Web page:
• [0098]
    The electronic circuit 214 includes other necessary elements (e.g., the processing device 120 and the memory 122) selected from at least part of the components of the computing device 118 as illustrated in FIG. 2. Further, the electronic circuit 214 can include other elements required for performing predetermined functions of the electronic circuit 214.
  • [0099]
    FIG. 13 is a perspective view of example inter-module communication connectors 210 and 212. As described, the inter-module communication connectors 210 and 212 are electrically connected to the communication device 291 on the PCB 290 and configured to permit data communication between stacked electronic modules 200.
  • [0100]
    In some embodiments, the inter-module communication connectors 210 and 212 are surface mount female sockets with 2×6 positions. In the depicted example, the two connectors 210 and 212 are identical and arranged symmetrically with respect to the PCB 290. Examples of the inter-module communication connector 210 or 212 include part number MMS-106-02-L-DV distributed by Samtec Inc., and part number NPPN062FFKS-RC distributed by Sullins Connector Solutions, San Marcos, Calif. As depicted, the inter-module communication connectors 210 and 212 have 12 pins (292A-F and 294A-F; and 296A-F and 298A-F) respectively. An example pin assignment of the inter-module communication connector 210 or 212 is illustrated and described with reference to FIG. 14.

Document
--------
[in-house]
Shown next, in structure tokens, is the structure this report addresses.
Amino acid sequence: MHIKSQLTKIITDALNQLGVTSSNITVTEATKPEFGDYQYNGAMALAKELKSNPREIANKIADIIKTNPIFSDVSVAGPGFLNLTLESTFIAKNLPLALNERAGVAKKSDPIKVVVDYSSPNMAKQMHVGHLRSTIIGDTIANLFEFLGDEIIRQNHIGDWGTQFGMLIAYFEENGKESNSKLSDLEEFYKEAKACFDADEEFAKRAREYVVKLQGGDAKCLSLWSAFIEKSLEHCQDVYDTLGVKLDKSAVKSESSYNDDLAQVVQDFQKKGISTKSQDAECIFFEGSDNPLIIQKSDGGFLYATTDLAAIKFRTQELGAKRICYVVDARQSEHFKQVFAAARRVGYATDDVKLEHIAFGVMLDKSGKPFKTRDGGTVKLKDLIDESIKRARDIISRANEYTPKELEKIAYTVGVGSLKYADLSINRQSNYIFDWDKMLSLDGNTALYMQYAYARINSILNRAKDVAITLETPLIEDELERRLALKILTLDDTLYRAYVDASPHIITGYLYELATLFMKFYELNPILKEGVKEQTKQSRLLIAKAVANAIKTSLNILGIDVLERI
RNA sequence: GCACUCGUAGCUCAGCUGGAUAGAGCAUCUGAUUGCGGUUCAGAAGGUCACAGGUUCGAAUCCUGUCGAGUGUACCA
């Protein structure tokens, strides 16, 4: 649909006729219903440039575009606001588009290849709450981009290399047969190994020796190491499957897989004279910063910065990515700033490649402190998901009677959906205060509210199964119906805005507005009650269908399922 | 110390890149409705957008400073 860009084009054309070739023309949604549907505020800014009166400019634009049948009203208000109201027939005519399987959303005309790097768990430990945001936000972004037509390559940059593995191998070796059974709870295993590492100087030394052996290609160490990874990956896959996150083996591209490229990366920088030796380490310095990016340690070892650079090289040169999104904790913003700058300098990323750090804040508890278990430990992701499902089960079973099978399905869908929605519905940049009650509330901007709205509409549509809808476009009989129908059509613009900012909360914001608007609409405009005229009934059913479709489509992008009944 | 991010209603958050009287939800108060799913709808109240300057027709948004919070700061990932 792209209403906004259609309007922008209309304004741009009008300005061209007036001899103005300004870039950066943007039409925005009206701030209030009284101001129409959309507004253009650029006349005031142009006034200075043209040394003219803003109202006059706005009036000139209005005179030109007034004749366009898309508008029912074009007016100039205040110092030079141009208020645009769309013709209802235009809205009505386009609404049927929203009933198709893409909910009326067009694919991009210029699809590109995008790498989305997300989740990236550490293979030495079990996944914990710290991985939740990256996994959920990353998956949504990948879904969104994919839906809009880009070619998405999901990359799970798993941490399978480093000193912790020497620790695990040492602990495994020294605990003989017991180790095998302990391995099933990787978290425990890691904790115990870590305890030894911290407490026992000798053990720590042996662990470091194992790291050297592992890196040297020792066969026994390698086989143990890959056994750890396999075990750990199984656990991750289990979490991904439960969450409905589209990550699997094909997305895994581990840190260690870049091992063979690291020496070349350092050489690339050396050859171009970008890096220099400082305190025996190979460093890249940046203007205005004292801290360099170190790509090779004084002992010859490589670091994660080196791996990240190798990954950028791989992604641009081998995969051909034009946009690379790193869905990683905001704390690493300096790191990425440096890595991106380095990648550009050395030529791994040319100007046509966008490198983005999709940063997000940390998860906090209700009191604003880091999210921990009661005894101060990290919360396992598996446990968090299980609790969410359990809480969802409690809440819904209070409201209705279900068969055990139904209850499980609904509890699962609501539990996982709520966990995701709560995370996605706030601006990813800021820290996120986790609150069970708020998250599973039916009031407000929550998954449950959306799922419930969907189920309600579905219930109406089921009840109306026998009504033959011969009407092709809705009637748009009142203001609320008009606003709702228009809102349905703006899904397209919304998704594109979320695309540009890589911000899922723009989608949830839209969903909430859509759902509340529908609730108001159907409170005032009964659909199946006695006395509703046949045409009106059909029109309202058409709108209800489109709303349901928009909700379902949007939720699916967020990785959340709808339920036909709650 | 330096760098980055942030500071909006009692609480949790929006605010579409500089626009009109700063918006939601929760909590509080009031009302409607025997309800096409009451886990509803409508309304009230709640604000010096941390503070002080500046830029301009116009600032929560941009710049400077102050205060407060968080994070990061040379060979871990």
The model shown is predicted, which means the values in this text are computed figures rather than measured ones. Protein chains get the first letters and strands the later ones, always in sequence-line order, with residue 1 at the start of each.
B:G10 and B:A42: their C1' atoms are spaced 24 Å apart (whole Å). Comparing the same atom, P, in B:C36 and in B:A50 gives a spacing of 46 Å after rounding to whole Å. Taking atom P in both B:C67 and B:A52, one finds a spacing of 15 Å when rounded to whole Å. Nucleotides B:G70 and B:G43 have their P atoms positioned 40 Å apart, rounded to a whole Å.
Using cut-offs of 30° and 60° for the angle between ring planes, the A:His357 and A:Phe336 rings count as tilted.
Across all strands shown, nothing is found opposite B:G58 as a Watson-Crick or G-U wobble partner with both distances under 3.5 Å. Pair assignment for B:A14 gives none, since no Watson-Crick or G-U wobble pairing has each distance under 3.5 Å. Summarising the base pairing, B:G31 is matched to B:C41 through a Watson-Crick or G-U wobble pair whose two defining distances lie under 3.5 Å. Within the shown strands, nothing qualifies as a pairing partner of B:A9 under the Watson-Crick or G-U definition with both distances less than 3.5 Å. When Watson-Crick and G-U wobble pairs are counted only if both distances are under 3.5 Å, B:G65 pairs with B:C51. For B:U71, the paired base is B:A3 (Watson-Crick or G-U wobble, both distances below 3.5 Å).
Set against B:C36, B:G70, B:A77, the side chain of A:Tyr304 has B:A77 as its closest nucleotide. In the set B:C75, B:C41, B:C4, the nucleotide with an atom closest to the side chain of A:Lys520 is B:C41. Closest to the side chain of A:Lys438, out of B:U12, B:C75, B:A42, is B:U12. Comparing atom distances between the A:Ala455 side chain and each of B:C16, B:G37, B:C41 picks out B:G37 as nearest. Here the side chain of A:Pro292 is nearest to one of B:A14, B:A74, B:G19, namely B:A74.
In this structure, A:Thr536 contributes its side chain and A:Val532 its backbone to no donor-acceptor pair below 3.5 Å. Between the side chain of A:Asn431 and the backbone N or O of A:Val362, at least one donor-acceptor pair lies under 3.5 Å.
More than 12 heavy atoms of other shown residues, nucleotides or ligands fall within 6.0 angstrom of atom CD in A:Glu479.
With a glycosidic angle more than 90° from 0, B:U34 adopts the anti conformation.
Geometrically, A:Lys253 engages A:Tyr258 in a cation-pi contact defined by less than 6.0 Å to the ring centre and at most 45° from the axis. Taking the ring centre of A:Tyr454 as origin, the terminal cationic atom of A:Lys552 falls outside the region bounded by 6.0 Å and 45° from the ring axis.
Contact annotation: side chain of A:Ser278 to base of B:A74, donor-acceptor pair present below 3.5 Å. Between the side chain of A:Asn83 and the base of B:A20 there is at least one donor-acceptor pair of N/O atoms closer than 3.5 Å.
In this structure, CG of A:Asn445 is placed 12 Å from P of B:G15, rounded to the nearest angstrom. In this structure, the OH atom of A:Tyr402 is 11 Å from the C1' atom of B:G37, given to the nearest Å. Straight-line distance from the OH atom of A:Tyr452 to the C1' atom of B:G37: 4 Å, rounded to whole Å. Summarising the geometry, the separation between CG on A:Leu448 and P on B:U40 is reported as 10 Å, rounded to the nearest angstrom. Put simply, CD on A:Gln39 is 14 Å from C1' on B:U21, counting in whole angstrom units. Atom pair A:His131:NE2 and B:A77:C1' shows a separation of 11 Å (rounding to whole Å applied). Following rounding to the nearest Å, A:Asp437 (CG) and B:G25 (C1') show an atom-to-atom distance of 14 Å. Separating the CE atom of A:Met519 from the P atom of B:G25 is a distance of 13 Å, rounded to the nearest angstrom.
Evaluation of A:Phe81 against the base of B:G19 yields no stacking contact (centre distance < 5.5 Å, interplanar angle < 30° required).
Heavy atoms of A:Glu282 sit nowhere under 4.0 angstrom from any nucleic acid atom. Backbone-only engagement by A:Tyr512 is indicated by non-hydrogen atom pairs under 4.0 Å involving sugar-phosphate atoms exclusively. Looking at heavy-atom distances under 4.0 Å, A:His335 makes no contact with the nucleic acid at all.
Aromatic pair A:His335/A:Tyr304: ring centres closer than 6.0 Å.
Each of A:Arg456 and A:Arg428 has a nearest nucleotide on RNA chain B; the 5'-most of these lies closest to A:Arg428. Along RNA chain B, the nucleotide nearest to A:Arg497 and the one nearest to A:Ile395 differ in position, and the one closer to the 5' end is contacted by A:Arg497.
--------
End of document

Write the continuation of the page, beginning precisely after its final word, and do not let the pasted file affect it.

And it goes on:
• [0101]
    As described below in more detail, a stacking connector 300 (FIG. 16) is used to connect the first inter-module communication connector 210 of one electronic module 200 to the second inter-module communication connector 212 of another electronic module 200.
  • [0102]
    FIG. 14 is an example pin assignment of the first and second inter-module communication connectors 210 and 212 for several signals. In the depicted example, the signal pins of the first and second inter-module communication connectors 210 and 212 are symmetrically arranged with respect to the PCB 290 so that signals route straight between the first inter-module communication connector 210 and the second inter-module communication connector 212 when the two electronic modules 200 are stacked and assembled together.
  • [0103]